Five Ger­manys I Have Known

Fritz Stern
  • Review
By – June 18, 2012

Fritz Stern, per­haps the great­est liv­ing his­to­ri­an of mod­ern Ger­many, has pro­duced a fas­ci­nat­ing mem­oir that med­i­tates on the pro­found changes he wit­nessed in Ger­many and helps us under­stand that nation’s com­plex and tor­tured past. Through his own sto­ry, pre­sent­ed in a lucid and engag­ing nar­ra­tive that often reads like a good mys­tery nov­el, we are treat­ed to rare insights into the forces that moved the 20th cen­tu­ry by a schol­ar superbly qual­i­fied to make sense of his own expe­ri­ences. Read­ers of this impor­tant book are thank­ful that as a young man Fritz Stern did not lis­ten to the advice giv­en to him by Albert Ein­stein: to study med­i­cine and not history. 

The Ger­man Ques­tion” haunts the mod­ern world. How could this civ­i­lized, cul­tured, and advanced nation be respon­si­ble for the most hor­rif­ic geno­cide in his­to­ry? Stern address­es this ques­tion through his own life expe­ri­ences. Born in the Weimar Repub­lic, vic­tim­ized by Nation­al Social­ism, find­ing a refuge in the Unit­ed States in 1938, he became a lead­ing his­to­ri­an of mod­ern Europe at Colum­bia Uni­ver­si­ty, a com­men­ta­tor on the Ger­man-Jew­ish sym­bio­sis, and a pro­lif­ic pub­lic intel­lec­tu­al who became part of the con­ver­sa­tion itself. He both inter­pret­ed his­to­ry and helped make it.

In this live­ly book that fus­es mem­o­ry and his­to­ry, Stern illu­mi­nates the five Ger­manys he expe­ri­enced: Weimar, the Third Reich, post war West and East Ger­manys, and the uni­fied coun­try after 1990. His friend­ship with lead­ing Ger­man intel­lec­tu­als and politi­cians, and their Amer­i­can coun­ter­parts like Richard Hol­brooke, as well as his schol­ar­ly acu­men, give him unique insights into Germany’s strug­gle to cre­ate a lib­er­al democ­ra­cy. Stern shows how the his­to­ry of the five Ger­manys can be read as a text that reflects on the fragili­ty of demo­c­ra­t­ic lib­er­ties and the ease with which they can with­er and die if left unpro­tect­ed. This book is rich in detail, per­spec­tive and his­tor­i­cal wis­dom, as well as reflec­tions on the trau­ma of the Ger­man-Jew­ish refugee expe­ri­ence, and the resilience of many who were able to forge pro­duc­tive and dig­ni­fied lives.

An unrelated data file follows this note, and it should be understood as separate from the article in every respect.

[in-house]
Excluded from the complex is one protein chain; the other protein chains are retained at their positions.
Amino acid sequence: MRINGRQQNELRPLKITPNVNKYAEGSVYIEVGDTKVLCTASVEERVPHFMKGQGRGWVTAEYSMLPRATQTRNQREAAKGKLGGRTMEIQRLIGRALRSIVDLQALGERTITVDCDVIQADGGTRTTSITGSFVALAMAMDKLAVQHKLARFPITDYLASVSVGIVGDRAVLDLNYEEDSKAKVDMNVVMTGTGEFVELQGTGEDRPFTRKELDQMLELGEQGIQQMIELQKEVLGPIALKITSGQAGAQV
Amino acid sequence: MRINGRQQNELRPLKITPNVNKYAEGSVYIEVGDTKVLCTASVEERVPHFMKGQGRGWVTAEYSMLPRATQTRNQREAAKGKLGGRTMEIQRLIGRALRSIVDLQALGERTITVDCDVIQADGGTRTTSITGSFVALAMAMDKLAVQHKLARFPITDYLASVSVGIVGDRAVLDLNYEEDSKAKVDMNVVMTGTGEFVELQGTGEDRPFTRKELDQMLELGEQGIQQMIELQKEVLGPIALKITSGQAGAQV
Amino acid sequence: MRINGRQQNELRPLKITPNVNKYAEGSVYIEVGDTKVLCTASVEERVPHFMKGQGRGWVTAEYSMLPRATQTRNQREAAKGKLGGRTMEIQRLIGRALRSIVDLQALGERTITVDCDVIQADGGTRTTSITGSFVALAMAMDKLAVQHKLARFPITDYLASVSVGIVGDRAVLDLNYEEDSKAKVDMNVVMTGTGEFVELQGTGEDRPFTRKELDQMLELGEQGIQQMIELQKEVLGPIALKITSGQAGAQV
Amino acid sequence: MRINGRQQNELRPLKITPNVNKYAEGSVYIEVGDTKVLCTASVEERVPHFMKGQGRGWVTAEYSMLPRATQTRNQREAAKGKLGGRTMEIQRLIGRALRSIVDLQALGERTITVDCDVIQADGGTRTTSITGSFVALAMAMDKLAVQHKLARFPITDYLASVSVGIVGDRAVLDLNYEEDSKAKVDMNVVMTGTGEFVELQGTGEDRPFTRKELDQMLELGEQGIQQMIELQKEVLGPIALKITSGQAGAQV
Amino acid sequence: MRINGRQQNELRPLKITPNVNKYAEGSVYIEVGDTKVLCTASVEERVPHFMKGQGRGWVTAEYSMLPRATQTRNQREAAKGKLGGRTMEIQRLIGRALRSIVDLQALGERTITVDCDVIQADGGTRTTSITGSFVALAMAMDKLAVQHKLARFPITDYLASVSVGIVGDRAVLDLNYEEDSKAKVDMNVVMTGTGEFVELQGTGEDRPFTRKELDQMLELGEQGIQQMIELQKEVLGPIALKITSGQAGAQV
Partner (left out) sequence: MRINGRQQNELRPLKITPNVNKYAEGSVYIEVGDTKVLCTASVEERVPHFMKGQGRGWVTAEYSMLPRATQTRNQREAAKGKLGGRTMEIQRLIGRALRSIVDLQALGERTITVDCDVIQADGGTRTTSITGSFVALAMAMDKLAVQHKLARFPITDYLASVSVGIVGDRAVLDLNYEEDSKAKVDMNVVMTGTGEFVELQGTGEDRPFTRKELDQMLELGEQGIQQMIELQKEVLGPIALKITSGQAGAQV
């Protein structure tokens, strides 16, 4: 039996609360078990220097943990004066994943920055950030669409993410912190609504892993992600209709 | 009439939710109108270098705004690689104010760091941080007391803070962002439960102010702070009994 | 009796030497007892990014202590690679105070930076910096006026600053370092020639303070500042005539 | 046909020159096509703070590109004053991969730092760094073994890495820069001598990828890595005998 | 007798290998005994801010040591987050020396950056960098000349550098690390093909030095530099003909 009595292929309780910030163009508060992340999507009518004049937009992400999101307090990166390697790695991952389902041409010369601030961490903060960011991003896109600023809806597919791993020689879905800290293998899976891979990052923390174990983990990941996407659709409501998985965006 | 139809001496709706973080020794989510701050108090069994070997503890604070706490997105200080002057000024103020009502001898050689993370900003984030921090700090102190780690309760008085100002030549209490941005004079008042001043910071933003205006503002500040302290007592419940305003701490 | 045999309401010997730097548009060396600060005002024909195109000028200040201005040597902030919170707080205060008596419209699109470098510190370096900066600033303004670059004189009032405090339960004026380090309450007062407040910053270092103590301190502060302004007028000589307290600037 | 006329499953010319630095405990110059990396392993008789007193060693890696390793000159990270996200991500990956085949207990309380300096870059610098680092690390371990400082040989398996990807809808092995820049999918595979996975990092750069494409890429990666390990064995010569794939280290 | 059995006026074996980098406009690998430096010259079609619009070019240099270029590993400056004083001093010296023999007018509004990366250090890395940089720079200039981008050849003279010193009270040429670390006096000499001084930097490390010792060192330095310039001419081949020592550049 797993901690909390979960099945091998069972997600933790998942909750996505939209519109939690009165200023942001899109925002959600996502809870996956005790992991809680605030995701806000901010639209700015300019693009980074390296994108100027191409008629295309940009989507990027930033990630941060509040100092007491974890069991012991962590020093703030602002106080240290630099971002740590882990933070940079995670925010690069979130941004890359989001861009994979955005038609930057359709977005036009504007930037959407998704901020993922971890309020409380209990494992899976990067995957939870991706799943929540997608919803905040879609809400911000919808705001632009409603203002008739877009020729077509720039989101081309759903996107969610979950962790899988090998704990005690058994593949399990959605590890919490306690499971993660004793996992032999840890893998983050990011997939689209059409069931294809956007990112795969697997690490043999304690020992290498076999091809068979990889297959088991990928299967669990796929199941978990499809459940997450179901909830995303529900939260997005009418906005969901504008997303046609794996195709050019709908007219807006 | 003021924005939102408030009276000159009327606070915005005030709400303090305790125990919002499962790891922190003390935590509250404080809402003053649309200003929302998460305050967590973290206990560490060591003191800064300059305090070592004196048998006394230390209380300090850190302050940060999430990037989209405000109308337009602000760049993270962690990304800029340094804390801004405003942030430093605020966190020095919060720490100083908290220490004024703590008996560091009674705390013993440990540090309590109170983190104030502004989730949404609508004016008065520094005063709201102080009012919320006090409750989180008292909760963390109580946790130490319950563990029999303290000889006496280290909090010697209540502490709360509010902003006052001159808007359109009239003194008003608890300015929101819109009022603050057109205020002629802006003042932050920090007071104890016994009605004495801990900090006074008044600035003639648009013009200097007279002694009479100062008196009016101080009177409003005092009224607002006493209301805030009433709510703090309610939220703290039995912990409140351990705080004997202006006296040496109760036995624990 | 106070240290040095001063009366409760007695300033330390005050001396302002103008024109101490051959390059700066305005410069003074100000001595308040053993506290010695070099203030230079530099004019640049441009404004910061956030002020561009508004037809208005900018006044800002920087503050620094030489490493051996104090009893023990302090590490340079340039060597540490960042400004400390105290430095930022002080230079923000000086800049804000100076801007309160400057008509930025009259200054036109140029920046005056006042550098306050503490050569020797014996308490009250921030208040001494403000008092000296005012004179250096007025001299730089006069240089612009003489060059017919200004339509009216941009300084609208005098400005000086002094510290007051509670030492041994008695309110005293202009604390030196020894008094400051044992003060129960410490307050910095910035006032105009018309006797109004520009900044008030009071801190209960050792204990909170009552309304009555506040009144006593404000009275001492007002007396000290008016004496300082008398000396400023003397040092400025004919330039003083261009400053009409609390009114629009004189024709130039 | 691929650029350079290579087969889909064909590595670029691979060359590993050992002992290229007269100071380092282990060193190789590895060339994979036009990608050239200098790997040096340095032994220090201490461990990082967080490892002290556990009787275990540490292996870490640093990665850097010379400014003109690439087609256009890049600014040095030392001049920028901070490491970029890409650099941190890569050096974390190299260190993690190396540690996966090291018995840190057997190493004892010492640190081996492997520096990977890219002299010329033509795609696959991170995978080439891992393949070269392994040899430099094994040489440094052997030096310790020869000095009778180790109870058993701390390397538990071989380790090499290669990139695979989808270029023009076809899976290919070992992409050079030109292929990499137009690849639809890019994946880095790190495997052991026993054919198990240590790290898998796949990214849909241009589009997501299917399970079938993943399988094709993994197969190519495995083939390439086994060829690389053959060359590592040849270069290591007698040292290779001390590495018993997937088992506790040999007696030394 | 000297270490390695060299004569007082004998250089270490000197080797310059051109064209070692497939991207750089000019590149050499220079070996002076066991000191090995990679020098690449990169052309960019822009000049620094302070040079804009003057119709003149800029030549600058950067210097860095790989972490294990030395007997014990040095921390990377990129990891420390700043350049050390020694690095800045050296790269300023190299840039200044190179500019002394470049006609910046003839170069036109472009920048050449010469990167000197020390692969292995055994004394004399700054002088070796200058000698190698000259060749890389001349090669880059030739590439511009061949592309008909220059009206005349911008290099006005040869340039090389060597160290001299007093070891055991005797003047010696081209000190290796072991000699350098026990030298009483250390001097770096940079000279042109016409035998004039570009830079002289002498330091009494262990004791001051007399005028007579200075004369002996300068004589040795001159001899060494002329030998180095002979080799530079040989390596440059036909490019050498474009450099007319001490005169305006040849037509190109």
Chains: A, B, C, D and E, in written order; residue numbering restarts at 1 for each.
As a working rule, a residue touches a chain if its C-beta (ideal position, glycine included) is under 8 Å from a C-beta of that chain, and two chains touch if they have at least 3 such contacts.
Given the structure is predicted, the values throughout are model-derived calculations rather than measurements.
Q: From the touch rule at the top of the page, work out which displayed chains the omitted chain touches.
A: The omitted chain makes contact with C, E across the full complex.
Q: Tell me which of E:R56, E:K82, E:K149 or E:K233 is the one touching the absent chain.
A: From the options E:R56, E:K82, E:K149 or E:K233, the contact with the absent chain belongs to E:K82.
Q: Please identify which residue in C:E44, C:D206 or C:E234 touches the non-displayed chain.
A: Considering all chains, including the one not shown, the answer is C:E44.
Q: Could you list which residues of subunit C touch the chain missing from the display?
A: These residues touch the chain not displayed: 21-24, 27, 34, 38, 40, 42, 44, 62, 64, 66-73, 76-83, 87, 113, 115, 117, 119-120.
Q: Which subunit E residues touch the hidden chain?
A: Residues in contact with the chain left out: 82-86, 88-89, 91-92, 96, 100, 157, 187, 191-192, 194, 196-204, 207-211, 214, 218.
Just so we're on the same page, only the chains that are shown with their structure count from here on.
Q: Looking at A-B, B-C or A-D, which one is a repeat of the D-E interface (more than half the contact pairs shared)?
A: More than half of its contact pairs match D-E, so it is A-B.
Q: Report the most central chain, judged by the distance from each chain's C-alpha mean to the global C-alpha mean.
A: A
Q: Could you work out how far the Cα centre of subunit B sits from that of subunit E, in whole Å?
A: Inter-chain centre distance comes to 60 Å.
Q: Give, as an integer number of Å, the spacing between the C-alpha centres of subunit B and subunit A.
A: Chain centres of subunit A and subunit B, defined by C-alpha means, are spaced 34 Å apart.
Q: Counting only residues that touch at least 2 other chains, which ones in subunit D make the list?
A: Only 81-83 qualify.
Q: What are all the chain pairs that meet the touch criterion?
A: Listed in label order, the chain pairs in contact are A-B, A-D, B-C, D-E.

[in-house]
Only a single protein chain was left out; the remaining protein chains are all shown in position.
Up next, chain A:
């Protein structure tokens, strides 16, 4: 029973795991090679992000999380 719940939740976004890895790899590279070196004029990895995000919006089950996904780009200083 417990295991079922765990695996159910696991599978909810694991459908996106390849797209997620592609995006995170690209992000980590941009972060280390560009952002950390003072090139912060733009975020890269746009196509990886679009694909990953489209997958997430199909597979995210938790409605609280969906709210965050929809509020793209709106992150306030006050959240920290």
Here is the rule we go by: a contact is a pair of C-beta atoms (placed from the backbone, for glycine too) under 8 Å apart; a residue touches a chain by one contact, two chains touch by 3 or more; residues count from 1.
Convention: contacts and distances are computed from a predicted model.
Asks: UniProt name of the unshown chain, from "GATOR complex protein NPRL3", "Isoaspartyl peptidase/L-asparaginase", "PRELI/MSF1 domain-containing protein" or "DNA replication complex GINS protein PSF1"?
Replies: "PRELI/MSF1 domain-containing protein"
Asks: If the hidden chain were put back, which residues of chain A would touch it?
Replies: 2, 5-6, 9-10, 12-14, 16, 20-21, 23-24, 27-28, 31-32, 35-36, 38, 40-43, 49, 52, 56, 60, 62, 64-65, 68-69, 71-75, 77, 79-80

Michael N. Dobkows­ki is a pro­fes­sor of reli­gious stud­ies at Hobart and William Smith Col­leges. He is co-edi­tor of Geno­cide and the Mod­ern Age and On the Edge of Scarci­ty (Syra­cuse Uni­ver­si­ty Press); author of The Tar­nished Dream: The Basis of Amer­i­can Anti-Semi­tism; and co-author of The Nuclear Predicament.

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